Worley, 6-foot-3, 190-pounds, is yet another Cleveland Glenville standout headed to Columbus to play for the Buckeyes. He is ranked as a three-star prospect.
WHAT ARE WORLEY'S STRENGTHS? First off, this is a player that loves contact and is not afraid to stick his nose in there and hit people. Next is the size, and Worley is a long-armed, legit 6-foot-3, and the length is also a quality that stands out. In the regular season matchup with Cleveland St. Ignatius, Worley was able to tip two passes simply by extending his arms and surprising the quarterback. He also plays with a high motor, and while not a 4.5 sprinter, Worley has the quickness to play at Ohio State. He has the frame to add 20-25 pounds comfortably, which will be needed if he plays linebacker.
WHAT WILL HE NEED TO IMPROVE? For most of his career, Worley has been a free-lance linebacker, with the freedom to find the football and chase it down. There will be an adjustment period for him to learn to play in a disciplined, complicated scheme, without the ability to vary from the system. He has spent his career close to the line of scrimmage, with little to no pass coverage responsibilities. That will need to be learned at Ohio State, but he has quick feet and enough hip turn to be effective in coverage once he gets experience. Worley will also need to add upper-body strength to be able to take on linemen at the line of scrimmage, and he has the frame to do so.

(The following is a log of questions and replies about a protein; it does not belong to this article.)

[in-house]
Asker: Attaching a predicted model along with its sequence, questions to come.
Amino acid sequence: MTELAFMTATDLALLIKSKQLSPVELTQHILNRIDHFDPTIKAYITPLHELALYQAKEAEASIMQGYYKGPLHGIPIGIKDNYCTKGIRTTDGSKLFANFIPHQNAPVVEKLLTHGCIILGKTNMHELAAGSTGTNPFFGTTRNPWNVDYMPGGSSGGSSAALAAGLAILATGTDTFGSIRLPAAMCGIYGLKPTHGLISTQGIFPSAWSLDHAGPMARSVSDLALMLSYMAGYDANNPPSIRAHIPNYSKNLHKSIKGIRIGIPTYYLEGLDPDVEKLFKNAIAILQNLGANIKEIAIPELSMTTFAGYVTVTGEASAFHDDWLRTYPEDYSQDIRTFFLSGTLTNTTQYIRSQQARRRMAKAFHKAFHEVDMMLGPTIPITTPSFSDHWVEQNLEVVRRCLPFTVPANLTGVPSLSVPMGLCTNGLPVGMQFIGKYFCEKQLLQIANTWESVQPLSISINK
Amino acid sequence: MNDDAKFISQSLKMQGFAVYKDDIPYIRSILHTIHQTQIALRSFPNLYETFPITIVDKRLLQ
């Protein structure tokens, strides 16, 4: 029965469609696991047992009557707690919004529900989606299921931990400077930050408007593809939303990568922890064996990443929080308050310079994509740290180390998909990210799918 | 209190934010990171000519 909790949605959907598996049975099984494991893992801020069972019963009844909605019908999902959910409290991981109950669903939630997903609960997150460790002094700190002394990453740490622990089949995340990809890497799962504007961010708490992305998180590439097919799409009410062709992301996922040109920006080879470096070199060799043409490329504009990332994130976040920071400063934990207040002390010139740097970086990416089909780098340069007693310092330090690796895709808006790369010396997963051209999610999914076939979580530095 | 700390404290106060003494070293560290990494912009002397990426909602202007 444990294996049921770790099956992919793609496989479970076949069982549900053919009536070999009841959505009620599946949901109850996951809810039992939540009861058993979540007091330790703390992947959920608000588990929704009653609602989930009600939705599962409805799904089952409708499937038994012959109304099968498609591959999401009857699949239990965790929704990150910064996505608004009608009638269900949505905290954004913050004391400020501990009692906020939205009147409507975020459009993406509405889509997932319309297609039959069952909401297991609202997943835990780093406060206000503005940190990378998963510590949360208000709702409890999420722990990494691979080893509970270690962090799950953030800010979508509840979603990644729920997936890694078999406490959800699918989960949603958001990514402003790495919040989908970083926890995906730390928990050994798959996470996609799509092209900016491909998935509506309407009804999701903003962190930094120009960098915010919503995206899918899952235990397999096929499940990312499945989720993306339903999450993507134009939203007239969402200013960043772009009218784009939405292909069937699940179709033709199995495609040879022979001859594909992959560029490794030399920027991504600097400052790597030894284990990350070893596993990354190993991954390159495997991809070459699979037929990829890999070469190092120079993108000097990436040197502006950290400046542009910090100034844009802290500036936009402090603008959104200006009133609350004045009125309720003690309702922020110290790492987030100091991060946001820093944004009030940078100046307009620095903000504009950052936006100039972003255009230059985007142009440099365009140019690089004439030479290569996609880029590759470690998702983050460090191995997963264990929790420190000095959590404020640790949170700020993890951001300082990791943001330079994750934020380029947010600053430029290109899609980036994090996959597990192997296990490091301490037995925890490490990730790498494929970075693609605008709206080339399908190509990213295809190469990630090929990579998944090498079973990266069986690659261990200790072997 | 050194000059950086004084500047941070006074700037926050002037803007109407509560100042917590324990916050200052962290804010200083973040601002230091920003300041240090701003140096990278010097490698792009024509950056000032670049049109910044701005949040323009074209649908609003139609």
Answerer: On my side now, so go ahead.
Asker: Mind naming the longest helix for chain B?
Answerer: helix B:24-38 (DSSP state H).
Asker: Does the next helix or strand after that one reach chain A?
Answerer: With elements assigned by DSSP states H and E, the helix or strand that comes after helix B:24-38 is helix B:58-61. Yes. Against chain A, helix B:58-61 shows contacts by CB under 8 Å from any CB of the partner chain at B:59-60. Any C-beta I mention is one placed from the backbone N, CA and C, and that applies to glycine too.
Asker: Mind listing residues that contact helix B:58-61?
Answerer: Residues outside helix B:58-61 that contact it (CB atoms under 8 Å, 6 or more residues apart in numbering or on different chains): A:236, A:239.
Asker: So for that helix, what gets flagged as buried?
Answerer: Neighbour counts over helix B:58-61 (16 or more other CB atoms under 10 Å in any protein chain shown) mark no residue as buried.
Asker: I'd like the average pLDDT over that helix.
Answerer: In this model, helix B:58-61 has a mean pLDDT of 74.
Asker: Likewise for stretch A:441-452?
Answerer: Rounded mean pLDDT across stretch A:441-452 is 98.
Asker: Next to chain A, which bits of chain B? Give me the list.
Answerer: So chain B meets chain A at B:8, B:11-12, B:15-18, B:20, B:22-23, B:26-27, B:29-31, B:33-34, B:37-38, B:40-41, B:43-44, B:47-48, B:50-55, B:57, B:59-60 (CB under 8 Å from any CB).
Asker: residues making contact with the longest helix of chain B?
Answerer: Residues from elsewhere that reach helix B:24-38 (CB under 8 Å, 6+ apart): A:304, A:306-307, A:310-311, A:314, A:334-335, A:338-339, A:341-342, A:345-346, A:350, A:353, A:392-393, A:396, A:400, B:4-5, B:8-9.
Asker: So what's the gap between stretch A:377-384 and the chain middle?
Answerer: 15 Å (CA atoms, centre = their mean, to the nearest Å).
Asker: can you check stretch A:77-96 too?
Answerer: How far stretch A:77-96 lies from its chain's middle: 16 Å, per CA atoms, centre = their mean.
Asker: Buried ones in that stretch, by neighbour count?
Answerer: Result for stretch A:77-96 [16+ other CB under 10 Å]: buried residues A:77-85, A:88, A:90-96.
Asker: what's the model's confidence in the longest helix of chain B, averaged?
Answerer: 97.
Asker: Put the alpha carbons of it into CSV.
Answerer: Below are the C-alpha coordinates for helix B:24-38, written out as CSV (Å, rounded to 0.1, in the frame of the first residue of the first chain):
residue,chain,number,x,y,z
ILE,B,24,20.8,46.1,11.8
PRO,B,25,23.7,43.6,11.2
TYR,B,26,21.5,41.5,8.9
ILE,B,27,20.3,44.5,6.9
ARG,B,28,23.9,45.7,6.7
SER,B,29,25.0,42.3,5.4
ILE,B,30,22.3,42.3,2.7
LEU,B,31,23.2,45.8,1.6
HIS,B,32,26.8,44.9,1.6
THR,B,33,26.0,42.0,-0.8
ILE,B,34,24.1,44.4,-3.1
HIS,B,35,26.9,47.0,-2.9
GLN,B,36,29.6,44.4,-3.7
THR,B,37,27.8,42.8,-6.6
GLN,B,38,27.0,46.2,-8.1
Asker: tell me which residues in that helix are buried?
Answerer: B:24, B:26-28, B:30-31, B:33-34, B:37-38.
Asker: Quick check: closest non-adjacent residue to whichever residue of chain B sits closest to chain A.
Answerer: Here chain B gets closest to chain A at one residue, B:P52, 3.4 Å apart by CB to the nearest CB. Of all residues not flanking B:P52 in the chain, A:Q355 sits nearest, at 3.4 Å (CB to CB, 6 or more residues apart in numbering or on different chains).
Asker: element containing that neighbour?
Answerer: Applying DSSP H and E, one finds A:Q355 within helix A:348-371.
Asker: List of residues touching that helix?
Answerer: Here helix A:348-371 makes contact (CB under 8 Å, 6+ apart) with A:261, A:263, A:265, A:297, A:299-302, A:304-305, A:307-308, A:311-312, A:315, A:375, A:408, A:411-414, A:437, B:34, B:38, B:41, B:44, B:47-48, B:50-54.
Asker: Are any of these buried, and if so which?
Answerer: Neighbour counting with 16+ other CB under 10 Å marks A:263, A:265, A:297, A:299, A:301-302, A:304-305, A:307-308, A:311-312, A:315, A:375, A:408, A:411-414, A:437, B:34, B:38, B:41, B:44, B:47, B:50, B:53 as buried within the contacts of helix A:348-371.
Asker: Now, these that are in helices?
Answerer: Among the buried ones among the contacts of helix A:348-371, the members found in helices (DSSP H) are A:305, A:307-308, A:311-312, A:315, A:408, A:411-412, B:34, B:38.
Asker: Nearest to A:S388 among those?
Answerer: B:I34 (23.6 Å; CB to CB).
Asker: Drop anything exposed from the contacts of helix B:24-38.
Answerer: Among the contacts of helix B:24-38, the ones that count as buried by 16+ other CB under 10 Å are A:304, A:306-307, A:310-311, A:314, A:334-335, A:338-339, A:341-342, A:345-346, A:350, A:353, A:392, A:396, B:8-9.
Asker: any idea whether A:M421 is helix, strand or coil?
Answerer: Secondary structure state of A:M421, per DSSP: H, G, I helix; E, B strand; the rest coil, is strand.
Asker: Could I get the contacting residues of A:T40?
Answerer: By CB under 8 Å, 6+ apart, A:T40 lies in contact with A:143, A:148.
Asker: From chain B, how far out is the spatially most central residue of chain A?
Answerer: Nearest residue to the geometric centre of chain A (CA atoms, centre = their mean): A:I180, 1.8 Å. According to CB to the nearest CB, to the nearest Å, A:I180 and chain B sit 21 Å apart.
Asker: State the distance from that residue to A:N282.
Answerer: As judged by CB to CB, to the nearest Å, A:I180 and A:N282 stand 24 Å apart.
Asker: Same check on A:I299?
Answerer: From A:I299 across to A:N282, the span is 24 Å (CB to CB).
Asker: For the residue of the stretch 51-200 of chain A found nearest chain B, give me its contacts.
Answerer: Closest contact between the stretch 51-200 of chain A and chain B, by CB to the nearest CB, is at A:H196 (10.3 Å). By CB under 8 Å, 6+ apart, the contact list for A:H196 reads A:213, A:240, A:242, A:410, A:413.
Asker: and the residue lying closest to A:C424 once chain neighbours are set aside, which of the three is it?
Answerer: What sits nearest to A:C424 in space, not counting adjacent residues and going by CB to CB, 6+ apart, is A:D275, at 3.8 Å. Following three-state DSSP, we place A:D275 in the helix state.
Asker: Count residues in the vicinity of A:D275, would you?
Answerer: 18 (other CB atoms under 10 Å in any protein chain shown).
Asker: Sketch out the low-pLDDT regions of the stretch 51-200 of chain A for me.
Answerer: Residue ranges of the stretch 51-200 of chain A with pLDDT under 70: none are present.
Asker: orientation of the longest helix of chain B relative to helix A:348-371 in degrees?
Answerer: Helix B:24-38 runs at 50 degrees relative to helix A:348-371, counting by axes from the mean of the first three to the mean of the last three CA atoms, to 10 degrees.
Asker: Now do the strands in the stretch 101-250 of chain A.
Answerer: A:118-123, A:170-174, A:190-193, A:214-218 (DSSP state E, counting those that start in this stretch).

WHAT POSITION WILL HE PLAY? Too tough to say right now, and a lot depends on his physical development. Can he cover well enough to play in space against wide receivers and slot backs? Nobody has that answer right now, so it's tough to just pencil him in at safety or the STAR position just yet. I see Worley as a 225-pound outside linebacker, filling basically the same role he has played his entire high school career. He is very effective coming forward, either blitzing the quarterback or coming up in run support, and he is a sure tackler. Regardless of position, it's not hard to envision Worley playing special teams next year as a true freshman, and excelling in that role. For years at Ohio State that has been the first step to regular playing time for a number of players.